By Josh LaBella
Rose Majestic said her 30 years of food banking have been challenging but fulfilling.
Majestic, who studied at Yale Divinity School, has been the director of the West Haven Emergency Assistance Task Force, or WHEAT, for 15 years. She said the work she does is closely tied into what she studied.
“Absolutely, I think all of us — all the volunteers and myself — we are definitely people who are compassionate and also listen to peoples stories,” said Majestic. “When people come to WHEAT they want to tell you why they’re here.”
Majestic said one reason they want to tell her and the volunteers why they are there is because they are marginalized and nobody else listens to them. In a way, Majestic said, everybody who works or volunteers at WHEAT is a spiritual director.
“There’s a direct correlation between doing this kind of work and the other work that I do, which is ministry,” said Majestic. “It’s definitely a vocation, it’s not a job. You get called to it.”
The director said during her time there WHEAT has done nothing but grow as the need for food assistance rose. Majestic attributed the growth to several factors.
“We’re a rapidly aging city,” said Majestic. “We have had a lot of industries leave. We have a huge veteran population, some of which are disabled in many ways. We have a lot of seniors who are on fixed incomes. We have so many under employed people who are working minimum wage jobs and don’t have benefits, don’t have health insurance.”
Majestic said people paying for other necessities can end up not having enough food to get them through an entire month. She says her role is to keep the doors open but also to see what other needs they can serve.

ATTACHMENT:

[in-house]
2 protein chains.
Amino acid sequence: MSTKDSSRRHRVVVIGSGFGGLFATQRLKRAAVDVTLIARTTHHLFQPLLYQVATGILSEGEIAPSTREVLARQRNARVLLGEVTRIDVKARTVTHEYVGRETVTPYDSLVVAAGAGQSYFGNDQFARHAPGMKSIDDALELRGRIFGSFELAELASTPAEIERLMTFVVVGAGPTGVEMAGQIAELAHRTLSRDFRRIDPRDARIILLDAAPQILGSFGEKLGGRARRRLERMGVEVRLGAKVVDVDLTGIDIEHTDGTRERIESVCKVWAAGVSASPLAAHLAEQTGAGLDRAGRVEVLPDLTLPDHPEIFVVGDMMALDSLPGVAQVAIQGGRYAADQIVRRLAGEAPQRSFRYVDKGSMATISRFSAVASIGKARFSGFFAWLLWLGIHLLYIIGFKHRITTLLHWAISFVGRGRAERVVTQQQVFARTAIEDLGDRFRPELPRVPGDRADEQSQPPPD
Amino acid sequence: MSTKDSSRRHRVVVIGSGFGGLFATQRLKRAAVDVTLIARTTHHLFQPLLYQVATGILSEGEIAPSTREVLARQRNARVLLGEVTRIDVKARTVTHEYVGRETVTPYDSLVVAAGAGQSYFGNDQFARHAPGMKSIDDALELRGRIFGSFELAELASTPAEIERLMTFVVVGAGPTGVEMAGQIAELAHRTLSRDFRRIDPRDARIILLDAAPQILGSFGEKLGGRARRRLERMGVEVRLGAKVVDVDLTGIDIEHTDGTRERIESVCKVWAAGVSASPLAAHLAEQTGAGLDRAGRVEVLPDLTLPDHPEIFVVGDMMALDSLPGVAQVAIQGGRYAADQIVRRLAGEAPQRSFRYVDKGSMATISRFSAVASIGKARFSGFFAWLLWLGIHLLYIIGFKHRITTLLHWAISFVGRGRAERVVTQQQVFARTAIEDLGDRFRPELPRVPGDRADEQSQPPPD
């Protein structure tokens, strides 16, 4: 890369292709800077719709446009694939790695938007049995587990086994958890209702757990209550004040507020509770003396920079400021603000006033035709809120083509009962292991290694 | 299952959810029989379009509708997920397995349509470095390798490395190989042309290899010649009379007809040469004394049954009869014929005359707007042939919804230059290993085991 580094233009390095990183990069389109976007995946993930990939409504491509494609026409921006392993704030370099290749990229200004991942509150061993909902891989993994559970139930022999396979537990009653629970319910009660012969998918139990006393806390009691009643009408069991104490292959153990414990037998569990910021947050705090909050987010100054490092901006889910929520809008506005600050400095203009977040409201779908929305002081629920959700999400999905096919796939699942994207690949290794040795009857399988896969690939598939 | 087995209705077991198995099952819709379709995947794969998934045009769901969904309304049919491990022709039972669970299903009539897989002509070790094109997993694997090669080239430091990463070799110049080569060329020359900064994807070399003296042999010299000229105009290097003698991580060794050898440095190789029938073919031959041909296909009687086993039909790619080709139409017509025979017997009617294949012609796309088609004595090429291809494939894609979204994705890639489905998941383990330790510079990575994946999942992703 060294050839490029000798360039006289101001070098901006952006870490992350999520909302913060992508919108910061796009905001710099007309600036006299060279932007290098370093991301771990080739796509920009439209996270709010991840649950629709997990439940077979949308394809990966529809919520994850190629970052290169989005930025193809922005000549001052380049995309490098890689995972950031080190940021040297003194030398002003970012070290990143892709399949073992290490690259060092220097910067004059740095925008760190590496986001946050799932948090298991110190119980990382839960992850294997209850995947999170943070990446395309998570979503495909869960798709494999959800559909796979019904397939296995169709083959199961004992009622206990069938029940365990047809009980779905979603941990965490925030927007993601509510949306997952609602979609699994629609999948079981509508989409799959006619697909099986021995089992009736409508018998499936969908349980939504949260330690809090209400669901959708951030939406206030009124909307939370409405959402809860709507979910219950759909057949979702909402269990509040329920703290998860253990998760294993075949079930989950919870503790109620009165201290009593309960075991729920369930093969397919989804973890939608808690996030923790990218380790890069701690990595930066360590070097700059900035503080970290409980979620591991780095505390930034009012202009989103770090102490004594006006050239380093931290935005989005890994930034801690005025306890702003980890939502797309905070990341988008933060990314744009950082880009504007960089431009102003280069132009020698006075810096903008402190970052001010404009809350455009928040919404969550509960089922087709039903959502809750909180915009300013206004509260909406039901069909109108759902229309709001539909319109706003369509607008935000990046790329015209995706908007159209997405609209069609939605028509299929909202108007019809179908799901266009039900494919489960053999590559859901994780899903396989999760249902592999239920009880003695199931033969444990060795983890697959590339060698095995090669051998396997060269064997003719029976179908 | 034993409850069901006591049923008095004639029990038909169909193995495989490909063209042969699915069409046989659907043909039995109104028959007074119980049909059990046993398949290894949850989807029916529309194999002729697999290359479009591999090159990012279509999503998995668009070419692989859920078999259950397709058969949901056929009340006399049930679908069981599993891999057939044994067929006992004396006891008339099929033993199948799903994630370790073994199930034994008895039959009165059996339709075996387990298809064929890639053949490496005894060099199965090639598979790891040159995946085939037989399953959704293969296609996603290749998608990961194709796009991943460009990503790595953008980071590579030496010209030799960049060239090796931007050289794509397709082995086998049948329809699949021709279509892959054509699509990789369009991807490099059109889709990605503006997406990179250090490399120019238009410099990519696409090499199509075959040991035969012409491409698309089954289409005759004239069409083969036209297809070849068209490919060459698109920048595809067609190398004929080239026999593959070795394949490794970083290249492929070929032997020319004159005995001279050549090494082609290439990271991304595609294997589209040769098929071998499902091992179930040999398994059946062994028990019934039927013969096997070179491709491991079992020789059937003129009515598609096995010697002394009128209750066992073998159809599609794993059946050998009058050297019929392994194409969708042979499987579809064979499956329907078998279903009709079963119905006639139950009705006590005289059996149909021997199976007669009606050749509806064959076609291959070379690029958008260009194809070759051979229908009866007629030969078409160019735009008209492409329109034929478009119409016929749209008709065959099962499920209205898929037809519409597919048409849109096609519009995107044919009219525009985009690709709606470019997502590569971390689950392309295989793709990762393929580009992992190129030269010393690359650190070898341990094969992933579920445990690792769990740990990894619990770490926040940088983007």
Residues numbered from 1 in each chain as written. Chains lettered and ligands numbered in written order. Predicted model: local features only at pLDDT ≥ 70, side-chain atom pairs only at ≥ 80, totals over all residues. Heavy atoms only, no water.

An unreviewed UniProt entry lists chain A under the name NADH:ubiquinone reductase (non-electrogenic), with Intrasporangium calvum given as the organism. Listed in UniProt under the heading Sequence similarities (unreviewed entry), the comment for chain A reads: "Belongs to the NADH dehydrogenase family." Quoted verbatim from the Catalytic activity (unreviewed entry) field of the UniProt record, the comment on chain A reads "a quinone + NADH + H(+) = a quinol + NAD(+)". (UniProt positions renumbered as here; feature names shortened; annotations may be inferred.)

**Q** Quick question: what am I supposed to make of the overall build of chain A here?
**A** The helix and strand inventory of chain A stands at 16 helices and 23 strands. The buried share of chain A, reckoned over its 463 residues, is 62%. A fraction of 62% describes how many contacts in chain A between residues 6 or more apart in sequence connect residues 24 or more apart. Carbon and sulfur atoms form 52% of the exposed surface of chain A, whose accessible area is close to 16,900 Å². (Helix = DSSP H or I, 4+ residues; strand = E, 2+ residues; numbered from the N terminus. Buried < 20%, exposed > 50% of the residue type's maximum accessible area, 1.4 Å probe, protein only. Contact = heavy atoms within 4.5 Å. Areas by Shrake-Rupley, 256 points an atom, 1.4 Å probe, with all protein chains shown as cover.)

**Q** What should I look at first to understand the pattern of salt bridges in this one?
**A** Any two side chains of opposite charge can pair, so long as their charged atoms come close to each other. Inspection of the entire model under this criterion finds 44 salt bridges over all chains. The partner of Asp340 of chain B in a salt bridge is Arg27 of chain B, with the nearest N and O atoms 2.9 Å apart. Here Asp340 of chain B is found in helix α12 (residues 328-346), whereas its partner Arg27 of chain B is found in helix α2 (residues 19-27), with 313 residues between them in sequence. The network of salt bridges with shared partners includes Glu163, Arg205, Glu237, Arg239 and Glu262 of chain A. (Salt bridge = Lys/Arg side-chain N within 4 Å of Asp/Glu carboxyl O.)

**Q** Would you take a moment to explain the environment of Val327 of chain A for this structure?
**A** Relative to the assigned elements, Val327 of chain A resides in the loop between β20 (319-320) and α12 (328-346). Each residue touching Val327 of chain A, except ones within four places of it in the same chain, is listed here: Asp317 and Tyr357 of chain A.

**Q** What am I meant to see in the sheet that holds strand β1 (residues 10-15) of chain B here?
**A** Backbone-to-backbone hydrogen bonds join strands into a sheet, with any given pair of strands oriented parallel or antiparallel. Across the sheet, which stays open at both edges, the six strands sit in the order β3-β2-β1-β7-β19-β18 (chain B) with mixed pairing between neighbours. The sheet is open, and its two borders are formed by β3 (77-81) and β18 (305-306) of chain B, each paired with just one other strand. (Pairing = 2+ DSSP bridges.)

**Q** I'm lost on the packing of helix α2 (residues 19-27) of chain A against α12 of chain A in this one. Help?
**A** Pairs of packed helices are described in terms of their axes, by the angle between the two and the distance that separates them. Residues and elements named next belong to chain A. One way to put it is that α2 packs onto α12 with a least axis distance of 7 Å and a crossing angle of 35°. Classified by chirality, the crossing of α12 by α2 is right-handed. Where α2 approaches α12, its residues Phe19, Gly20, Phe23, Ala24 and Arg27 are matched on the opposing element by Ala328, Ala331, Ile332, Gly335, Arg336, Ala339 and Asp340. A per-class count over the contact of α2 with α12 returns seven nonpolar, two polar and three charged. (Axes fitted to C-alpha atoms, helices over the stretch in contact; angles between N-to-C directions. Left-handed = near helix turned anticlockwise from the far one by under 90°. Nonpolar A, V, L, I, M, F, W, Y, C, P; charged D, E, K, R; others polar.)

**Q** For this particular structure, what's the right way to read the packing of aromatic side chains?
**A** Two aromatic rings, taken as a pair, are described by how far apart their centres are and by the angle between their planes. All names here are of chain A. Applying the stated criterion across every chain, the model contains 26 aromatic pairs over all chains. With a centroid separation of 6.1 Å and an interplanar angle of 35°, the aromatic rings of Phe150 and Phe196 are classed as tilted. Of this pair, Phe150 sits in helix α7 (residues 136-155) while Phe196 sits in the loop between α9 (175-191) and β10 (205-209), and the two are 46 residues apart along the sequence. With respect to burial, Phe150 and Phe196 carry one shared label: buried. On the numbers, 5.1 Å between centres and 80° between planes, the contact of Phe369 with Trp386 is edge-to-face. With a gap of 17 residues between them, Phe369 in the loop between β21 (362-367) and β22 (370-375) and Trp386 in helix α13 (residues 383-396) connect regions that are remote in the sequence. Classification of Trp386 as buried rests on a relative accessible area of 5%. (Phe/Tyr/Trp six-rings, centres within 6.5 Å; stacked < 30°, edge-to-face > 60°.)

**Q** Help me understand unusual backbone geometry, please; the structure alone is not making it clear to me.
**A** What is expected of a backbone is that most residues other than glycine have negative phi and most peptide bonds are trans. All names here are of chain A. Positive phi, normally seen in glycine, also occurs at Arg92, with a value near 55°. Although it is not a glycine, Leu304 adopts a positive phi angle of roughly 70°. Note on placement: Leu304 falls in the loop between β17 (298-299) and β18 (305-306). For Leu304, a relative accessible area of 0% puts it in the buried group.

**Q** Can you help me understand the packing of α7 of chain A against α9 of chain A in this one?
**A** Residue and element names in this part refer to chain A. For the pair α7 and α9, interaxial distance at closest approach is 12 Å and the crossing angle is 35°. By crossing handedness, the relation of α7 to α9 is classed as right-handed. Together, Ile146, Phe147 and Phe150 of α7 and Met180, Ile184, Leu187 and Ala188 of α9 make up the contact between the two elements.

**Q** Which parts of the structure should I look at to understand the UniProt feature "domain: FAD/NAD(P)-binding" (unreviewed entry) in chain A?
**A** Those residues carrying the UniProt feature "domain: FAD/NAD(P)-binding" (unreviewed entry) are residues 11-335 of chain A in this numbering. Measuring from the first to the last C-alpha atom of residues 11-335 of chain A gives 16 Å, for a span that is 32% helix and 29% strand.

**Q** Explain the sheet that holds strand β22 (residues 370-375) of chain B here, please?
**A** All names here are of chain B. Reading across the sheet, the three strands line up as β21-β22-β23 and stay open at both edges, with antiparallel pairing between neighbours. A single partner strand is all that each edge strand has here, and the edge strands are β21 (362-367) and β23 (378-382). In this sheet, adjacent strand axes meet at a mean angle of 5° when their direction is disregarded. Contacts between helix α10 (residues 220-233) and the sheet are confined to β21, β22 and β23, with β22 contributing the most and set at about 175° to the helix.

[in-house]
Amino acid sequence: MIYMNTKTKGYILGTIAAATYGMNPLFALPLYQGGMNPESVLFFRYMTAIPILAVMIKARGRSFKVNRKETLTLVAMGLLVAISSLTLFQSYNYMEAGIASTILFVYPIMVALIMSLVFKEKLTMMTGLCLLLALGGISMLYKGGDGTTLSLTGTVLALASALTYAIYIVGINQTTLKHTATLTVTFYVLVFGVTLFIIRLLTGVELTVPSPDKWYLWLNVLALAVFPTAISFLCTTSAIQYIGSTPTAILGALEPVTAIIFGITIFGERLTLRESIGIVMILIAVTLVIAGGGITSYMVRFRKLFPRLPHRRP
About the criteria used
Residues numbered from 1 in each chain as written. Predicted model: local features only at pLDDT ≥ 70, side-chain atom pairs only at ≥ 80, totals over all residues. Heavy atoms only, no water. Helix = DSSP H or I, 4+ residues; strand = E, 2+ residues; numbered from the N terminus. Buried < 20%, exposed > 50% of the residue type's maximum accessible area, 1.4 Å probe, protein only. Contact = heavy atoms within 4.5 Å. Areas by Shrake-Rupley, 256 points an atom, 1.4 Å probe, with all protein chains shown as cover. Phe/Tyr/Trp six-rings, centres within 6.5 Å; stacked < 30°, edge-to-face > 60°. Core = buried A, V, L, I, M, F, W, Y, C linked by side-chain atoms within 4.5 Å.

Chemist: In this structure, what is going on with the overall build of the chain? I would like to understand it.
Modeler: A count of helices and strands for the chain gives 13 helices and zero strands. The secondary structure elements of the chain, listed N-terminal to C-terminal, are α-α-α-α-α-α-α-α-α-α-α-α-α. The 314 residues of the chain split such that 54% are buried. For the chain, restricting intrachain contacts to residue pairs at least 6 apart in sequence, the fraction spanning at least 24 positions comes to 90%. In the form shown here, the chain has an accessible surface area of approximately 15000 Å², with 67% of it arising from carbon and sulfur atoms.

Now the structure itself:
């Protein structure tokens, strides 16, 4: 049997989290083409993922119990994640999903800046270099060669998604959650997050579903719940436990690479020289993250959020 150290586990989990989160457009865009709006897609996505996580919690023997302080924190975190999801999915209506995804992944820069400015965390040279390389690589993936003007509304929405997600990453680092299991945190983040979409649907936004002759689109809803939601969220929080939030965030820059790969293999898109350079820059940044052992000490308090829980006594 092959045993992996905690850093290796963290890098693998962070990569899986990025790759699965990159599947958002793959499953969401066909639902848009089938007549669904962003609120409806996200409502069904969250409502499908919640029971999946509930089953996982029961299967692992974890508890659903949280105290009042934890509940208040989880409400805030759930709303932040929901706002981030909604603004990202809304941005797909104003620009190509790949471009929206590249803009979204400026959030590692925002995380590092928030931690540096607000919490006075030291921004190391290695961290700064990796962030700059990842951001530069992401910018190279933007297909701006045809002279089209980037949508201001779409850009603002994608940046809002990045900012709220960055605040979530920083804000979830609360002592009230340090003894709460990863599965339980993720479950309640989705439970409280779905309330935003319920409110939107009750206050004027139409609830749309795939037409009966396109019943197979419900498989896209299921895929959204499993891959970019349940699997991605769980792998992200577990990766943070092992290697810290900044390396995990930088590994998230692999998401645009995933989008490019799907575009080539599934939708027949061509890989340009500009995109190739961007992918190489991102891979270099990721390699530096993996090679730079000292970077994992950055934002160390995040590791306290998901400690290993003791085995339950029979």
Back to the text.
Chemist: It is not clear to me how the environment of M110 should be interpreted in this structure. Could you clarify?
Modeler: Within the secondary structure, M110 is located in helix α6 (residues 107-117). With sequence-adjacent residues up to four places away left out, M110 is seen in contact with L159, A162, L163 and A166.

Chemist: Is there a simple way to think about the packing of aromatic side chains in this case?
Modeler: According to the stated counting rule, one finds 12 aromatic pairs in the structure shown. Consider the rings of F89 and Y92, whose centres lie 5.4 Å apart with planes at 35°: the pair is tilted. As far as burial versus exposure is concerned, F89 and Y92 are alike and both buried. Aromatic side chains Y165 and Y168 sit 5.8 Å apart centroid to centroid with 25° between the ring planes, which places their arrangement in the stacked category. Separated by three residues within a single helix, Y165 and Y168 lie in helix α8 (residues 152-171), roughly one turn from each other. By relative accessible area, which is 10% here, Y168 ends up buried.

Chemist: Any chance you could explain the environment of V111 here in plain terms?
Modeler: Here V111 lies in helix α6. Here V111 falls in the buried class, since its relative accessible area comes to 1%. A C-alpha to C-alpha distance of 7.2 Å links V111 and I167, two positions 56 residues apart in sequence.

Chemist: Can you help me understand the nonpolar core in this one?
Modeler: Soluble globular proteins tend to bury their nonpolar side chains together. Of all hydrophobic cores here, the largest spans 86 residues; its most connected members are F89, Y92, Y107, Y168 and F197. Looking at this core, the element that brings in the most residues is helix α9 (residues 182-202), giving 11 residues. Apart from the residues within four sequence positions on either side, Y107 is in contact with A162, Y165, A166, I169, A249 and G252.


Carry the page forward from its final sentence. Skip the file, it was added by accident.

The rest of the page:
“For instance we’ve had seminars by companies who will talk to people about Medicare,” said Majestic. “We’ve had visiting nurses come in and do vaccines. We’ve had the hospital come in and do fall prevention programs for the elderly. So it’s like, what else besides feeding people are we in a position to do for our clients?”
According to Majestic there are many moments she considers highlights during her three decade career. From giving a widowed man food and Easter baskets for his children to one of their food bank partners getting a pallet of oranges with packets of cocaine under it.
“People think of human services as if we’re all like beating our breasts and crying and downcast,” said Majestic. “There are just as many crazy things that happen as there are things that make you cry.”
The people of West Haven are incredibly generous, Majestic said, adding she had never found such faithful contributors as she had in the city.
“These people understand that one of their neighbors or themselves, at one point, were in crisis or in need,” said Majestic. “That is something I will always take away.
Another thing Majestic said was that people need to continue doing the work. She said the need is not going to end.
“I wish to God I could say ‘We’ll close when hunger ends,’” said Majestic. “But, that’s not going to happen because hunger is one rung of poverty. It’s the first rung. But it’s caused by not having affordable housing. It’s caused by not having a livable minimum wage. So you’re always going to have that need.”
Majestic said in West Haven people are cognizant that there are people in need and they cannot ever lose sight of that.